Atul Shahaji Deshmukh
Blegdamsvej 3B, Mærsk Tårnet, 8. sal
2200 København N.
Blegdamsvej 3B, Building: Panum 6.6
2200 København N
Dr. Atul Shahaji Deshmukh is currently an associate professor and group leader at the Novo Nordisk Foundation (NNF) Center for Basic Metabolic Research. He is also an associate member of NNF Center for Protein Research. He carried out his doctoral studies at the Karolinska Institute, Stockholm, Sweden (under Prof. Juleen Zierath) and his postdoctoral training at the Max Planck Institute for Biochemistry in Martinsried, Germany (under Prof. Matthias Mann). Dr. Deshmukh has published research articles in many reputable, peer-reviewed journals and in 2019, was awarded a prestigious Future Leader Award from the European Foundation of the Study of Diabetes/Novo Nordisk Foundation (EFSD/NNF). His laboratory combines state-of-the-art proteomics technology with a wide range of in vivo and in vitro assay to investigate how diet and physical activity alters protein dynamics and how they relate to metabolism.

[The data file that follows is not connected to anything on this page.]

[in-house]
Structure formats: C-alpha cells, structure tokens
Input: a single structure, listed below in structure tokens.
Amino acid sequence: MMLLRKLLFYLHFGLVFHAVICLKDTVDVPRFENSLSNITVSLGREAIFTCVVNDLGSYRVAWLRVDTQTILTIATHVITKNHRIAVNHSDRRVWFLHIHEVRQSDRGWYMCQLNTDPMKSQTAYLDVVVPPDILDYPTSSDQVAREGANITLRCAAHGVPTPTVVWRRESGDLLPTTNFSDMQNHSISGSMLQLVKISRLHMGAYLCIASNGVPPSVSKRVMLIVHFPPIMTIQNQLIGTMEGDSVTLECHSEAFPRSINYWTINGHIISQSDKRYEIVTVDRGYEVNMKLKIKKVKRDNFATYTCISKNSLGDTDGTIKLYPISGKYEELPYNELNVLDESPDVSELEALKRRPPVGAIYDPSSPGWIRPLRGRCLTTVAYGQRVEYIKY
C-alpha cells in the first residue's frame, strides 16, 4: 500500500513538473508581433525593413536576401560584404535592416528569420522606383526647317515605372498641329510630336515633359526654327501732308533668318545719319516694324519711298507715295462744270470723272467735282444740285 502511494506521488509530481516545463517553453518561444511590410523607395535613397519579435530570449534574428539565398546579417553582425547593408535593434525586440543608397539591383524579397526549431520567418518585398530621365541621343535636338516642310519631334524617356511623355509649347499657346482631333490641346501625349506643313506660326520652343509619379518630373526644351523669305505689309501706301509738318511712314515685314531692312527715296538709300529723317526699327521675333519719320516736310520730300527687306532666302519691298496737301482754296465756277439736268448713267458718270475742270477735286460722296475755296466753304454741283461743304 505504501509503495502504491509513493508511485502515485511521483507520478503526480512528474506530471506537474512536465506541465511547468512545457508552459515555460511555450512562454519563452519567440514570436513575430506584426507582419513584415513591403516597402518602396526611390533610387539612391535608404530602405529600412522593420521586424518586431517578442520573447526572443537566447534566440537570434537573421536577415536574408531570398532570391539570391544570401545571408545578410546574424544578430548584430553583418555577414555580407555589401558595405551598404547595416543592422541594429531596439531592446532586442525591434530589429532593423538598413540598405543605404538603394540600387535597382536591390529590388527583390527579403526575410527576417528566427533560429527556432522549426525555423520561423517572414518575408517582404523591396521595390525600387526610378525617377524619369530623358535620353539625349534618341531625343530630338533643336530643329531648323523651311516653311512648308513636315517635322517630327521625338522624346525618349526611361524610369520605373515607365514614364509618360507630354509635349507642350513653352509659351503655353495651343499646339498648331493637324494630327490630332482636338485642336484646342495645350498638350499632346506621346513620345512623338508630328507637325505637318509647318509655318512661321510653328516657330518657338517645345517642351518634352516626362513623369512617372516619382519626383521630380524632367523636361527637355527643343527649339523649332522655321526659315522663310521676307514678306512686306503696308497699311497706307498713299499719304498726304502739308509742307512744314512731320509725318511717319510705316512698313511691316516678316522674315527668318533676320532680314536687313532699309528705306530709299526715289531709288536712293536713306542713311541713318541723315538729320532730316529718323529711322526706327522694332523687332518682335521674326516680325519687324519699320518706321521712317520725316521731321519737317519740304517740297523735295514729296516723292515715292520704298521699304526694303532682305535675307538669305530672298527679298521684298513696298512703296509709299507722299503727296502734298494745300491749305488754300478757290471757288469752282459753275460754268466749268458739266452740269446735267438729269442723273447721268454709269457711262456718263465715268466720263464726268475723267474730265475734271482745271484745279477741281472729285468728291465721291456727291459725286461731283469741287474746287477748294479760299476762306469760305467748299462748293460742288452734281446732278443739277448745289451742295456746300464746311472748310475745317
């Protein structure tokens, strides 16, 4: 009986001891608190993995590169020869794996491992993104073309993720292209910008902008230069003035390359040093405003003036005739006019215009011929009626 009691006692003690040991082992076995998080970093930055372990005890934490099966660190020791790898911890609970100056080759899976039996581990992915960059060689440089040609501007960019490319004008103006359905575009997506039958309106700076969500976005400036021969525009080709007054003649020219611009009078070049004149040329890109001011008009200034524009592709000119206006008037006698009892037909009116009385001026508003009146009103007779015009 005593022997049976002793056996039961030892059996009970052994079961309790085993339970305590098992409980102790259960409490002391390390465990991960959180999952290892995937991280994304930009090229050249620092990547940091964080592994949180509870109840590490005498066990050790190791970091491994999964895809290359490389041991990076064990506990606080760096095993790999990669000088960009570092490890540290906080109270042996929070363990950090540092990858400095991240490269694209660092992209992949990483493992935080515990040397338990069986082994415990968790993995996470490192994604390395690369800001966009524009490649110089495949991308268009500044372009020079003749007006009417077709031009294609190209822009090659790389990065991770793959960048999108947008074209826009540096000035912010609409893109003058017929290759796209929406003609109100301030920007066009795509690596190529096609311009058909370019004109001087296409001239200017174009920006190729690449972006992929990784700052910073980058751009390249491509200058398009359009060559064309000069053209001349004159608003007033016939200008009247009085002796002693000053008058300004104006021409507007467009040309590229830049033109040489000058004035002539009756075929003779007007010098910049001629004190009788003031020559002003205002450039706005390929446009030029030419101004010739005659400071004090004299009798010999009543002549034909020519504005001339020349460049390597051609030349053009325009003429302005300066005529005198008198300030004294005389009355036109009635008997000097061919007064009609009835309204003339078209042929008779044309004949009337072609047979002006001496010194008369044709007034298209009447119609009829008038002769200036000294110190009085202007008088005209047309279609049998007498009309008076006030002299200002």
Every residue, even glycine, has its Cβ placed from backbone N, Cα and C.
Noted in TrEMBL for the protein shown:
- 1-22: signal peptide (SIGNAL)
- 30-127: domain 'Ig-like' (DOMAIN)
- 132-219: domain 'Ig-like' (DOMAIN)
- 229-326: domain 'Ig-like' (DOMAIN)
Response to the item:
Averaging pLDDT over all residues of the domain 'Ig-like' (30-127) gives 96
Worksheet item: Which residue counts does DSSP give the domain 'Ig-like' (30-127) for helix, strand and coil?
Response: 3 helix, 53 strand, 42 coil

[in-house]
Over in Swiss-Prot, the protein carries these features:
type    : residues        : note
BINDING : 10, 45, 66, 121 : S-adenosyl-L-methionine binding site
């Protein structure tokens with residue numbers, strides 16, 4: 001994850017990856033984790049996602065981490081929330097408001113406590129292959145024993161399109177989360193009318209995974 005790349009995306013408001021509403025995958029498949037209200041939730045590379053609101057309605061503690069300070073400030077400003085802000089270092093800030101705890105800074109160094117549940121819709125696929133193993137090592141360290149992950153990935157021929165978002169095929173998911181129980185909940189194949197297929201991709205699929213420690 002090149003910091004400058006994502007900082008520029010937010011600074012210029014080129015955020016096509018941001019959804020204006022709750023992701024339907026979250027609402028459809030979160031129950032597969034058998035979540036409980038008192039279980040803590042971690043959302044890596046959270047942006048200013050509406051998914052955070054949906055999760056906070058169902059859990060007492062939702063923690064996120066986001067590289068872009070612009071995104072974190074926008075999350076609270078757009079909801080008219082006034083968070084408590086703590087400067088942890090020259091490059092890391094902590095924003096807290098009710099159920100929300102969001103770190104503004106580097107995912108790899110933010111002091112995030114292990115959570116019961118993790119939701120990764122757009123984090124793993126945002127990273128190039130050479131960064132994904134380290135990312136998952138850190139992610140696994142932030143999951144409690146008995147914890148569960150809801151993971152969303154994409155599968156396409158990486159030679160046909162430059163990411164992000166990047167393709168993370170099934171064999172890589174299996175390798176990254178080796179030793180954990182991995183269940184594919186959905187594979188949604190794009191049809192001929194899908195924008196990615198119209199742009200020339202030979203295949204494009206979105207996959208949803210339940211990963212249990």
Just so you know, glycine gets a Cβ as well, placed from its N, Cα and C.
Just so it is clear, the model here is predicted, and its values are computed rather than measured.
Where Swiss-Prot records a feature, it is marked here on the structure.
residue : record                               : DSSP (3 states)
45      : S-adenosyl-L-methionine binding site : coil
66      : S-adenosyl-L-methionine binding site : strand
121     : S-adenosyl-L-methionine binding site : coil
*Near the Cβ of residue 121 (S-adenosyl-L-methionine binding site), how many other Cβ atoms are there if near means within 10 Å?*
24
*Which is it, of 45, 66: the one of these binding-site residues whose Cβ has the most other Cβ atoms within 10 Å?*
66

Primary field of research
In humans, metabolic processes are intimately intertwined with food intake as well as physical activity. Unfortunately, the majority of today’s population engages in less exercise and is becoming more sedentary. This, coupled with increased consumption of a high-calorie diet, had led to an astonishing increase in the prevalence of obesity and type 2 diabetes. These metabolic conditions are complex, multi-factorial diseases that develop from the interaction between genotype and the environment and are characterized by insulin resistance in skeletal muscle. It is well known that routine exercise is known to mitigate these metabolism-related disorders, through the engagement of skeletal muscle in combination with multisystem adaptation. Our understanding of how and why these diseases occur is incomplete, nor do we understand how physical activity improves and preserves our overall metabolic health. These complex metabolic conditions are likely to be the result of altered protein dynamics. Thus, a new approach using proteomics is warranted to tackle the many unanswered questions.
A major focus of the Group is to address how altered protein dynamics influence metabolism during health and disease. We are specifically interested in how exercise and diet influence the secretome, post-translational modifications, subcellular organization of proteins and the mitochondrial supercomplexome. We work closely with other groups within NNF research centers, our national and international collaborators as well as with pharmaceutical companies.